The True Story of London Bridge

Wednesday, 15th July 2009 by

This rather innocuous-looking bridge over the River Thames is the latest in a long line of bridges to stand on this spot and lay claim to the name London Bridge.

This current bridge opened in 1973, but a bridge has existed at or near this very spot since the Roman occupation of the area, around 2,000 years ago. There were a number of bridges during this time, but it wasn’t until 1209 that a truly great bridge was erected.

The Medieval London Bridge took a seriously lengthy 33 years to build, but it would have been pretty impressive in its day, as it was completely covered in shops set in the base of buildings seven stories tall!

For 600 years the Medieval bridge was a bustling and relatively safe haven in the centre of London, but eventually it was decided that it was too old, narrow and decrepit1 to serve Londoners any longer, and that it should be replaced.

In 1799 Thomas Telford proposed a bridge with a single iron arch that would span the entire river, but it was rejected due to worries about feasibility. The bridge that was finally completed in 1831 was built 30 m west of the Medieval one, and was designed by Scots civil engineer John Rennie.

By 1896 the “New” London bridge had become the busiest point in London (with around 9,000 people crossing every hour), so it was widened by 4 metres to combat the acute congestion. On the disused railway track at the old Swelltor Quarry on Dartmoor, you can still see left over granite pillars that were quarried as part of this process, but never used.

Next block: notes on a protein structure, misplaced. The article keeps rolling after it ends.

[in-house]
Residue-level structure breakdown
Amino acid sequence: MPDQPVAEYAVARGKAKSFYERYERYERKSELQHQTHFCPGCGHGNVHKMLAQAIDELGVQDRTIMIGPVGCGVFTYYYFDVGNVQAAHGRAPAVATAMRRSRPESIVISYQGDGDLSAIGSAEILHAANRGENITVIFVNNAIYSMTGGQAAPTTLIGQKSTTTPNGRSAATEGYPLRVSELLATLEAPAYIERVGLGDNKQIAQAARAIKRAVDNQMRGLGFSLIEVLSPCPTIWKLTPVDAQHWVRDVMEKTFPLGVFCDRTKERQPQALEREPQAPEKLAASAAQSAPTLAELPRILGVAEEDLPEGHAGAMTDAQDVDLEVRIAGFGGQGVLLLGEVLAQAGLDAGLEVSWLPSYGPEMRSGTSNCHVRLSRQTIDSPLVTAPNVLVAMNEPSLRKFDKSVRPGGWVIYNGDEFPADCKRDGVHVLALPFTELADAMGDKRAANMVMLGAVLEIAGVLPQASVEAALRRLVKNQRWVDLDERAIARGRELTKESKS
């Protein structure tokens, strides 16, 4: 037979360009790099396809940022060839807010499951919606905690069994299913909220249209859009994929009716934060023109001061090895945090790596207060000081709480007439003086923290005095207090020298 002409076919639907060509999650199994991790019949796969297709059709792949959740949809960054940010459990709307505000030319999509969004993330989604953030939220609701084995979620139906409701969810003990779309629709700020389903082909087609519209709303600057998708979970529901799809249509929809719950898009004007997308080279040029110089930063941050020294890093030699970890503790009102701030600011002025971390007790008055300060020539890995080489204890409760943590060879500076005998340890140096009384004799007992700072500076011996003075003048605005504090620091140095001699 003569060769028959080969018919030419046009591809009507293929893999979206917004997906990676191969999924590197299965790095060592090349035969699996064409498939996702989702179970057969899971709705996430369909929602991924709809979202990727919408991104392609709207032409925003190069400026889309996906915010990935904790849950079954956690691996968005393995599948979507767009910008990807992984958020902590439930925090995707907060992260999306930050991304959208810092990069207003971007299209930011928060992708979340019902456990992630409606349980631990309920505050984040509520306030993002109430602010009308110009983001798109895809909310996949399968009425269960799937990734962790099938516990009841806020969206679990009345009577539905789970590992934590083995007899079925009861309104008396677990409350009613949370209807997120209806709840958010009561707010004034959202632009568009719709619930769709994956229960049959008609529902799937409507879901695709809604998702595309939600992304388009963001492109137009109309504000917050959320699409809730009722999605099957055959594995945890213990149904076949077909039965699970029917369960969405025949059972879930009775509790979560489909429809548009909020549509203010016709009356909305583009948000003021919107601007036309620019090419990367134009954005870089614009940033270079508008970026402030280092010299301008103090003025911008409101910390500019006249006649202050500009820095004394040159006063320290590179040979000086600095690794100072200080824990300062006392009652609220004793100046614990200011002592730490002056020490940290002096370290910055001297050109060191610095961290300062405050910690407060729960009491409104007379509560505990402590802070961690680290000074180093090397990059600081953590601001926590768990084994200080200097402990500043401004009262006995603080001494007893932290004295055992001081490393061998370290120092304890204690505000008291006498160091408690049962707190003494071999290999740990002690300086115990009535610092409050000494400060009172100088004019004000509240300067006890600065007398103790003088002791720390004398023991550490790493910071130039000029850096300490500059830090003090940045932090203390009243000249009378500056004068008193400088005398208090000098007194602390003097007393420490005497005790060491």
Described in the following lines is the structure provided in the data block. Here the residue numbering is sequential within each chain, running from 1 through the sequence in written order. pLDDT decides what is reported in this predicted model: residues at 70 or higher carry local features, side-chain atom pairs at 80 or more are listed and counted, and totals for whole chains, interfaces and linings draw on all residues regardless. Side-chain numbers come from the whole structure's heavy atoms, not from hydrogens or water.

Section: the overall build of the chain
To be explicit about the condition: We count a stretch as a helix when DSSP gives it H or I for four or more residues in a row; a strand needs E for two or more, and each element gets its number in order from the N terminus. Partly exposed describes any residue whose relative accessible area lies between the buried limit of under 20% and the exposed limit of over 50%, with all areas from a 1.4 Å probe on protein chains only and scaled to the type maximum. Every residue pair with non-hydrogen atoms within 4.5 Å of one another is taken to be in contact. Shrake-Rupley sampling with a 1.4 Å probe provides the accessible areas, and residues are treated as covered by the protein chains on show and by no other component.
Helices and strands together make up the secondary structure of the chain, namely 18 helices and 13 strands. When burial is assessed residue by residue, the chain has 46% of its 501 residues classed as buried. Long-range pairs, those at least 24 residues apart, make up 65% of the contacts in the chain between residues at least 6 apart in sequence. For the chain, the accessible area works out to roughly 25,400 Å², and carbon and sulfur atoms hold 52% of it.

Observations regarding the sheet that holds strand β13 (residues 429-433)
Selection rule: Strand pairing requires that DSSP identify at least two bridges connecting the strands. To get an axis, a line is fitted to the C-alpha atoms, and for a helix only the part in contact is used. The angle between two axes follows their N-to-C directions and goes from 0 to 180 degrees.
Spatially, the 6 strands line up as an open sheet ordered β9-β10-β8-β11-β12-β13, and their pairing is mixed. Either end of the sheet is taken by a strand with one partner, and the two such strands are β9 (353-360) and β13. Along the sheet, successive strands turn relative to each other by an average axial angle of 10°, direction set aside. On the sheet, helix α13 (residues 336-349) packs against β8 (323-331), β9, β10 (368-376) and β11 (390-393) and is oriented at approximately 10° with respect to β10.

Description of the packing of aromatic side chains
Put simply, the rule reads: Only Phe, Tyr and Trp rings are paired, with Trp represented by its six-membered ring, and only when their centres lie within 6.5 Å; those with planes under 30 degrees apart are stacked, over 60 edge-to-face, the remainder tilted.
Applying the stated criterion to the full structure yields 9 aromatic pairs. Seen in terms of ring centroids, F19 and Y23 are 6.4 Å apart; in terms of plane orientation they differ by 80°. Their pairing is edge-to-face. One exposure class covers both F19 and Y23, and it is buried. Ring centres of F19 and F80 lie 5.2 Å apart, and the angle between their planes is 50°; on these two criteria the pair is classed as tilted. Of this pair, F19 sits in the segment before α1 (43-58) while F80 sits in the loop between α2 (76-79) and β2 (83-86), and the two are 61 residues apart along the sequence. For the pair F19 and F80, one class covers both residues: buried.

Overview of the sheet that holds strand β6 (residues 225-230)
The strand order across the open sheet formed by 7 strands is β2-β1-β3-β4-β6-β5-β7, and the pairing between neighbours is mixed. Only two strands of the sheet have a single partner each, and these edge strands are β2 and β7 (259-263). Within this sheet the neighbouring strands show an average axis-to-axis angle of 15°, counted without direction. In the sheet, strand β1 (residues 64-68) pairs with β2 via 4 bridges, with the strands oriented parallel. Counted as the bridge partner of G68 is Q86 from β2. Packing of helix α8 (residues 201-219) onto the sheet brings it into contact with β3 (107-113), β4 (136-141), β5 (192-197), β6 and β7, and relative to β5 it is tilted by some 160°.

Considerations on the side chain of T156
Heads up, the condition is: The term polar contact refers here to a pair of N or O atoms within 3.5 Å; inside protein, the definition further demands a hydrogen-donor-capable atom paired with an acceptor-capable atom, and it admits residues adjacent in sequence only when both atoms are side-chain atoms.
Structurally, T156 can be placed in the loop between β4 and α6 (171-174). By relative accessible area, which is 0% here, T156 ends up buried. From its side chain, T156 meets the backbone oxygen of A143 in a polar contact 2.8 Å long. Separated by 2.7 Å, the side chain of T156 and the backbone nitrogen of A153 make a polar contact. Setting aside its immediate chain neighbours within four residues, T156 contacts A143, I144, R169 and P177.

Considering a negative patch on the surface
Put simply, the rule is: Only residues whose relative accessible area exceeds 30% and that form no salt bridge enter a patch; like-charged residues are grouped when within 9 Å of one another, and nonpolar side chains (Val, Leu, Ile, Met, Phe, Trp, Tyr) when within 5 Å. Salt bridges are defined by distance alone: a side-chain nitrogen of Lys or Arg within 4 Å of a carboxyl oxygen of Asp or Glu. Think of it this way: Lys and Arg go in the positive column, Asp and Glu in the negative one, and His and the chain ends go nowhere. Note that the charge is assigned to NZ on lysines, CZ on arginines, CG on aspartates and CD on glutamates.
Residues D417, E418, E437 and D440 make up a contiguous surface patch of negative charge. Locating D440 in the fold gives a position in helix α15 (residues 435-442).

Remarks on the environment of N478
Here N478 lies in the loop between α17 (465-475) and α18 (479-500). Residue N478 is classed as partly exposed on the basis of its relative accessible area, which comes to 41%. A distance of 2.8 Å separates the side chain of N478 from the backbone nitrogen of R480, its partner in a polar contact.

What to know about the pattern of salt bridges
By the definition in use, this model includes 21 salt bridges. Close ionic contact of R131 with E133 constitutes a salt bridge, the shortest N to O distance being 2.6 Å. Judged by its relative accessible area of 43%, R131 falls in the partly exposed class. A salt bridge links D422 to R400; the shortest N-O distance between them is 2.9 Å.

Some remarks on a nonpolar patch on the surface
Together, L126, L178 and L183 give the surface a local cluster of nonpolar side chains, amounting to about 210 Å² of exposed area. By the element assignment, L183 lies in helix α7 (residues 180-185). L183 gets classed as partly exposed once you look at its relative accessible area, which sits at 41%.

Unfortunately the bridge couldn’t cope with the extra weight – after widening, it began to sink by about 3 cm every 8 years, meaning that yet another new bridge would be required.

However, instead of knocking the bridge down, in 1967 the City of London council hit upon the brilliant idea of putting the bridge up for sale; and on 18 April 1968, Rennie’s bridge was sold to the American entrepreneur Robert P. McCulloch of McCulloch Oil for $2.4m dollars, and subsequently moved, brick-by-brick to Lake Havasu City, Arizona.

The story goes that McCulloch mistakenly believed he was buying (the frankly much more desirable) Tower Bridge, but of course this has been vehemently denied. Regardless, the reconstructed London Bridge forms the centrepiece of a English-style theme park that has since become Arizona’s second most popular tourist attraction, being only less-visited than the Grand Canyon.

(London Bridge was previously featured back in 2006 before the advent of Street View).

  1. Which would explain the origins of the associated nursery rhyme very neatly.